Landing Twitch Affiliate 

Her breakthrough came when she was recommended “Doki Doki Literature Club” before its outcome was well known. Many viewers were looking for streamers’ reactions to the game’s insane twist. Charlee was hooked as she finished the game in a nine-hour continuous stream that broke her goal of 100 followers. “I had an average of 50 people watching me. If I was [actually] in front of a crowd of 50 people [who] just watched me play this game, it felt like something I was able to do.” As viewer counts increased, it seemed to “desensitize” Charlee to any stage fright since she was having so much fun. After this stream, she was able to apply for the Twitch Affiliate Program which entitles streamers to half of their subscriber income. 

Charlee insisted that it would be better if those who want to stream for other than a hobby to obtain other sources of income such as a part-time job. Growing a community from scratch who will support you is difficult, not just financially. Income fluctuates depending on generosity and viewership and it’s not guaranteed. She also does commissioned work making prints, Twitch bits and emotes for another source of income. Marrying with brand deals is still a road she’s looking more into.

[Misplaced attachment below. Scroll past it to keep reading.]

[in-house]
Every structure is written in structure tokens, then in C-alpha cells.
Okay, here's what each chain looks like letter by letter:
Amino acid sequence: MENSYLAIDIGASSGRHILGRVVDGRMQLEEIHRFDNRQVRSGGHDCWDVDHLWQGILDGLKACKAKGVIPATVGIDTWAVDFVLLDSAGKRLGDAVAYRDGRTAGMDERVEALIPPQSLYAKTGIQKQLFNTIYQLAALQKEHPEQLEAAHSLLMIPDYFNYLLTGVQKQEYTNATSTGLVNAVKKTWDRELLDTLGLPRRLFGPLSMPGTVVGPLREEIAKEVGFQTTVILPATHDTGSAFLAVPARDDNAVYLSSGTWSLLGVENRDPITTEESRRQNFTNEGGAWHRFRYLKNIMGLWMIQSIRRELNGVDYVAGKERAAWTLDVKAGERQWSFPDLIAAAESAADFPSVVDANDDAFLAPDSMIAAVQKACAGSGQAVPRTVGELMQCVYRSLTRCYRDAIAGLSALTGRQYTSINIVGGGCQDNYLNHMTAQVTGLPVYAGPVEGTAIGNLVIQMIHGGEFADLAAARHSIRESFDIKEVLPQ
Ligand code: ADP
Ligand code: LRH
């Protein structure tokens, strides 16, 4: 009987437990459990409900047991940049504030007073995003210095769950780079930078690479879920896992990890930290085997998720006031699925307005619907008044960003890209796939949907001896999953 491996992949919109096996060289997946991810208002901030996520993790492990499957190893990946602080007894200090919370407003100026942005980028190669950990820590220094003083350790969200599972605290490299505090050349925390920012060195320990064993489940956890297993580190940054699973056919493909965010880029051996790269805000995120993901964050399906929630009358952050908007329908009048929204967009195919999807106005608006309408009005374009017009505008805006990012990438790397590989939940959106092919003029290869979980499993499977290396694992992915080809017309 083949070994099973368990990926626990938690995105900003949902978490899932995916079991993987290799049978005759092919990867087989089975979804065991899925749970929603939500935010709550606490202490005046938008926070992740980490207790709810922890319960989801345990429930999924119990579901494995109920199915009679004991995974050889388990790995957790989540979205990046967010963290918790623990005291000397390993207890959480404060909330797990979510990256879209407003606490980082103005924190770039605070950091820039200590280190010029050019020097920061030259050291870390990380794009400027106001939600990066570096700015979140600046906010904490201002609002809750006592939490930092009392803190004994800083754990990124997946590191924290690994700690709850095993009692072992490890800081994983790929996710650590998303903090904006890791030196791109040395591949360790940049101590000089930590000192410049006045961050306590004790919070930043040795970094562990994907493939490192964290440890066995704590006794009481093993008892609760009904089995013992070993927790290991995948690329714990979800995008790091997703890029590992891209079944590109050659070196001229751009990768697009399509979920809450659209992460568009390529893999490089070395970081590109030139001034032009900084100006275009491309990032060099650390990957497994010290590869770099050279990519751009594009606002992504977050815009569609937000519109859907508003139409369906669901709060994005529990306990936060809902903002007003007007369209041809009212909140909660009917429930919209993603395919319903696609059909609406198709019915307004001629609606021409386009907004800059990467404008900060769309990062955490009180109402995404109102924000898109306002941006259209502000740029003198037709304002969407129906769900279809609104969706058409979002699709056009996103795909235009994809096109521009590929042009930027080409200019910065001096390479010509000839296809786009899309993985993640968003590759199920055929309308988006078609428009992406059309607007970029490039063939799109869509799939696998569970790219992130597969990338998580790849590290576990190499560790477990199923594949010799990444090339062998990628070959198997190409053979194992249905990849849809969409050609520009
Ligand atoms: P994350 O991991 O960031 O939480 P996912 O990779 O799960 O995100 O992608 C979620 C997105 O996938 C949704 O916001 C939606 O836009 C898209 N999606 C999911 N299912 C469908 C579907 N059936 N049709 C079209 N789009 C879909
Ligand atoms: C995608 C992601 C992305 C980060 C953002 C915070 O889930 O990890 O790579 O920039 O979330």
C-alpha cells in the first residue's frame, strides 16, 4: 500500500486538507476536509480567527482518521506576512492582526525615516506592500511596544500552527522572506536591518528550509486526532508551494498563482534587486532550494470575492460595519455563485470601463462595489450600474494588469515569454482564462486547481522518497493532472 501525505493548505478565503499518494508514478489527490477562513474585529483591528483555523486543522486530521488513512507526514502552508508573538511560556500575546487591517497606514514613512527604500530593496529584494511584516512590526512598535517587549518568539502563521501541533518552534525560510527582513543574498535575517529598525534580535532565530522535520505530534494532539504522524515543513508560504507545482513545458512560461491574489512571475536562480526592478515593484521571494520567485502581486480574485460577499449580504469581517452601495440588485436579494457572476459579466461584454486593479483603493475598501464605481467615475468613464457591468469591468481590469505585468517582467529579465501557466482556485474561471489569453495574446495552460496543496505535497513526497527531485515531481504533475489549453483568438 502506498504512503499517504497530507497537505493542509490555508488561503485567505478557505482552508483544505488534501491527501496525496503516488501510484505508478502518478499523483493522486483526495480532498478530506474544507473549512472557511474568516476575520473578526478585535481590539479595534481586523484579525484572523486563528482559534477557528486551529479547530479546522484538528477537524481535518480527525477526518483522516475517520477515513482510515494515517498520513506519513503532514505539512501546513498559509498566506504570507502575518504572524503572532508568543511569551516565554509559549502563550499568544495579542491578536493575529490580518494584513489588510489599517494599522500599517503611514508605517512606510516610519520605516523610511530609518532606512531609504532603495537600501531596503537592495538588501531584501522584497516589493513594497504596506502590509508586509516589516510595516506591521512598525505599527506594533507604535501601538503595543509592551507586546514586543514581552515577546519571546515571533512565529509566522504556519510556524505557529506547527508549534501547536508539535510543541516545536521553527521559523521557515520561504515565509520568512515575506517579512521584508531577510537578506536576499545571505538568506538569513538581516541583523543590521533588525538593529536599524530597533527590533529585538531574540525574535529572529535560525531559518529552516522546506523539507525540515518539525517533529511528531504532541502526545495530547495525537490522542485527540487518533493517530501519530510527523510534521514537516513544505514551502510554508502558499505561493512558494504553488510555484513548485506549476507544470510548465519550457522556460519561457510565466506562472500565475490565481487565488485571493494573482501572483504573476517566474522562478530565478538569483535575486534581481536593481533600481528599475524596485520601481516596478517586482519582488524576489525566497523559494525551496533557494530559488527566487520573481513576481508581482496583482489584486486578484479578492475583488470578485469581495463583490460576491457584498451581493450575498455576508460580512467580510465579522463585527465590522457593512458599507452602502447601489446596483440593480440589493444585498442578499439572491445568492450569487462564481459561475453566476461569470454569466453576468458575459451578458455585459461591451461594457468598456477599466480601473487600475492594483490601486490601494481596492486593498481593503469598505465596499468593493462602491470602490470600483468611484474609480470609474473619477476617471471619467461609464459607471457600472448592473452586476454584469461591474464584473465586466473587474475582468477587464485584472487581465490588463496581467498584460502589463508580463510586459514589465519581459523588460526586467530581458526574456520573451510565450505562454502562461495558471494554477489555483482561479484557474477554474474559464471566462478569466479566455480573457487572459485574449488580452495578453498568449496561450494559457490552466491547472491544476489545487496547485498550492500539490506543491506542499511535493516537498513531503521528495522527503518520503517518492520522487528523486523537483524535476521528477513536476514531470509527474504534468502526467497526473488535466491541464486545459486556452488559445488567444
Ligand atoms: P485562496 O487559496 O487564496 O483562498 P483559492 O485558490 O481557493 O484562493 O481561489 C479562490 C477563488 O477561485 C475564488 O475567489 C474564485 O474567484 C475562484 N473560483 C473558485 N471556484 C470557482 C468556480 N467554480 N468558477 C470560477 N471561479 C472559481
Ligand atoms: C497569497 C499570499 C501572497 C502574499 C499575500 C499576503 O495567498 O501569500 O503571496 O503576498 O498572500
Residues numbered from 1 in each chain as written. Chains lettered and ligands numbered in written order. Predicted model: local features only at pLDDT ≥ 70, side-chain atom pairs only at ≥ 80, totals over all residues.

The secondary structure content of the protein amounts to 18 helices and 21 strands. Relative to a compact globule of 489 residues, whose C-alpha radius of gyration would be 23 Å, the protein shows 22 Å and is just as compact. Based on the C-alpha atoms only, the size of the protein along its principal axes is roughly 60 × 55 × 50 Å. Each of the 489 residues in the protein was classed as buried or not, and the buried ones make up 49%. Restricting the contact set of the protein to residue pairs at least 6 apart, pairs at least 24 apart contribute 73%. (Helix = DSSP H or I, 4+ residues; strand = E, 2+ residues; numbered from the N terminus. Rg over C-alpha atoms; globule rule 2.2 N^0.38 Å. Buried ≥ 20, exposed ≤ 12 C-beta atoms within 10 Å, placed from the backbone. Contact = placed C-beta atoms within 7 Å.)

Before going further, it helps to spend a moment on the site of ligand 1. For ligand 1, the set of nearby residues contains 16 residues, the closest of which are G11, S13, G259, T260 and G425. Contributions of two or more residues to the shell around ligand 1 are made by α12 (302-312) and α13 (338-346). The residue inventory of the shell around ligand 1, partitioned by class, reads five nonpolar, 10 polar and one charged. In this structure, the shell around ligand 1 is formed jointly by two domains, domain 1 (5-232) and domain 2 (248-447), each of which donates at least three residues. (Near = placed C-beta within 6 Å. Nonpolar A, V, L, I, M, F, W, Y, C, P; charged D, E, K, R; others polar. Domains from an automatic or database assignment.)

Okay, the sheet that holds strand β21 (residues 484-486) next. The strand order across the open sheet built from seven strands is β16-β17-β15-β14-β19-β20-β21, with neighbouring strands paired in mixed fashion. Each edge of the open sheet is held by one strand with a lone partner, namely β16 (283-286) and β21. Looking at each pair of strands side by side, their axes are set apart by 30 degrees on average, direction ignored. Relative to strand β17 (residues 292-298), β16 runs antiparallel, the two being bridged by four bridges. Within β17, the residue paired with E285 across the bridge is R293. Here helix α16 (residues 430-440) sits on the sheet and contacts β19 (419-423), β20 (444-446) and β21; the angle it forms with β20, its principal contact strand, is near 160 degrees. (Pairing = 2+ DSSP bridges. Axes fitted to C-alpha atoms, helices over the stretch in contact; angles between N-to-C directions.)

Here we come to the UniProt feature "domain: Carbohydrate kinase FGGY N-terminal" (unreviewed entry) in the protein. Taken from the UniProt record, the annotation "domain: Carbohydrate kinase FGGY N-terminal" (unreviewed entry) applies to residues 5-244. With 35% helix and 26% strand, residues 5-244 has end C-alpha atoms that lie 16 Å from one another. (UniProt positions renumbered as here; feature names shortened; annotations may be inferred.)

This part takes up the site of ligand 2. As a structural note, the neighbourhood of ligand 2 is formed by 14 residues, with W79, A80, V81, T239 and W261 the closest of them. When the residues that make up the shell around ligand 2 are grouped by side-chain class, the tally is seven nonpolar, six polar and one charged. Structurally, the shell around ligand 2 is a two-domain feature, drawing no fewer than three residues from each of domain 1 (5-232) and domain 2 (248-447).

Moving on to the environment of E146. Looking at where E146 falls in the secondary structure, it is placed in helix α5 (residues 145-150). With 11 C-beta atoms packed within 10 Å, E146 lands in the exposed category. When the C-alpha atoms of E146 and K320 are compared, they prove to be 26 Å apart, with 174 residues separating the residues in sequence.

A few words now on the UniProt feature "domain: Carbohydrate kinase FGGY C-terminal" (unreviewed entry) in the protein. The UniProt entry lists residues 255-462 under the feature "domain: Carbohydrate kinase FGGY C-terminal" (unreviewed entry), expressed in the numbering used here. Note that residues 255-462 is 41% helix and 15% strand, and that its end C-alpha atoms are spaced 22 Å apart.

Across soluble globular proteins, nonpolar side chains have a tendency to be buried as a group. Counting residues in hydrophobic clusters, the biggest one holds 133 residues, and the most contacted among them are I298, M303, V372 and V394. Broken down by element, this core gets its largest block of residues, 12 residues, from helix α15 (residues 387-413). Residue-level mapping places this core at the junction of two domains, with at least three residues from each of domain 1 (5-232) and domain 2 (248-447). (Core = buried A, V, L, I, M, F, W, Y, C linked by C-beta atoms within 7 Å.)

Balancing YouTube 

Where the “magic” happens. Charlee suggests that you don’t need the biggest setup. You can upgrade as you go along, though having good internet to ensure good frame rate is important.

YouTube is an avenue for content creators to branch off into or use for another source. Charlee is working on her YouTube channel — in which she just hit 500 subscribers — to use more “as another place to have my content.” She figures that it’s better to focus on streaming while producing concise content on the other platform rather than posting the same on both. To her, if people could just choose between the two, what’s the point of watching the Twitch stream if they could just see it on YouTube or vise versa?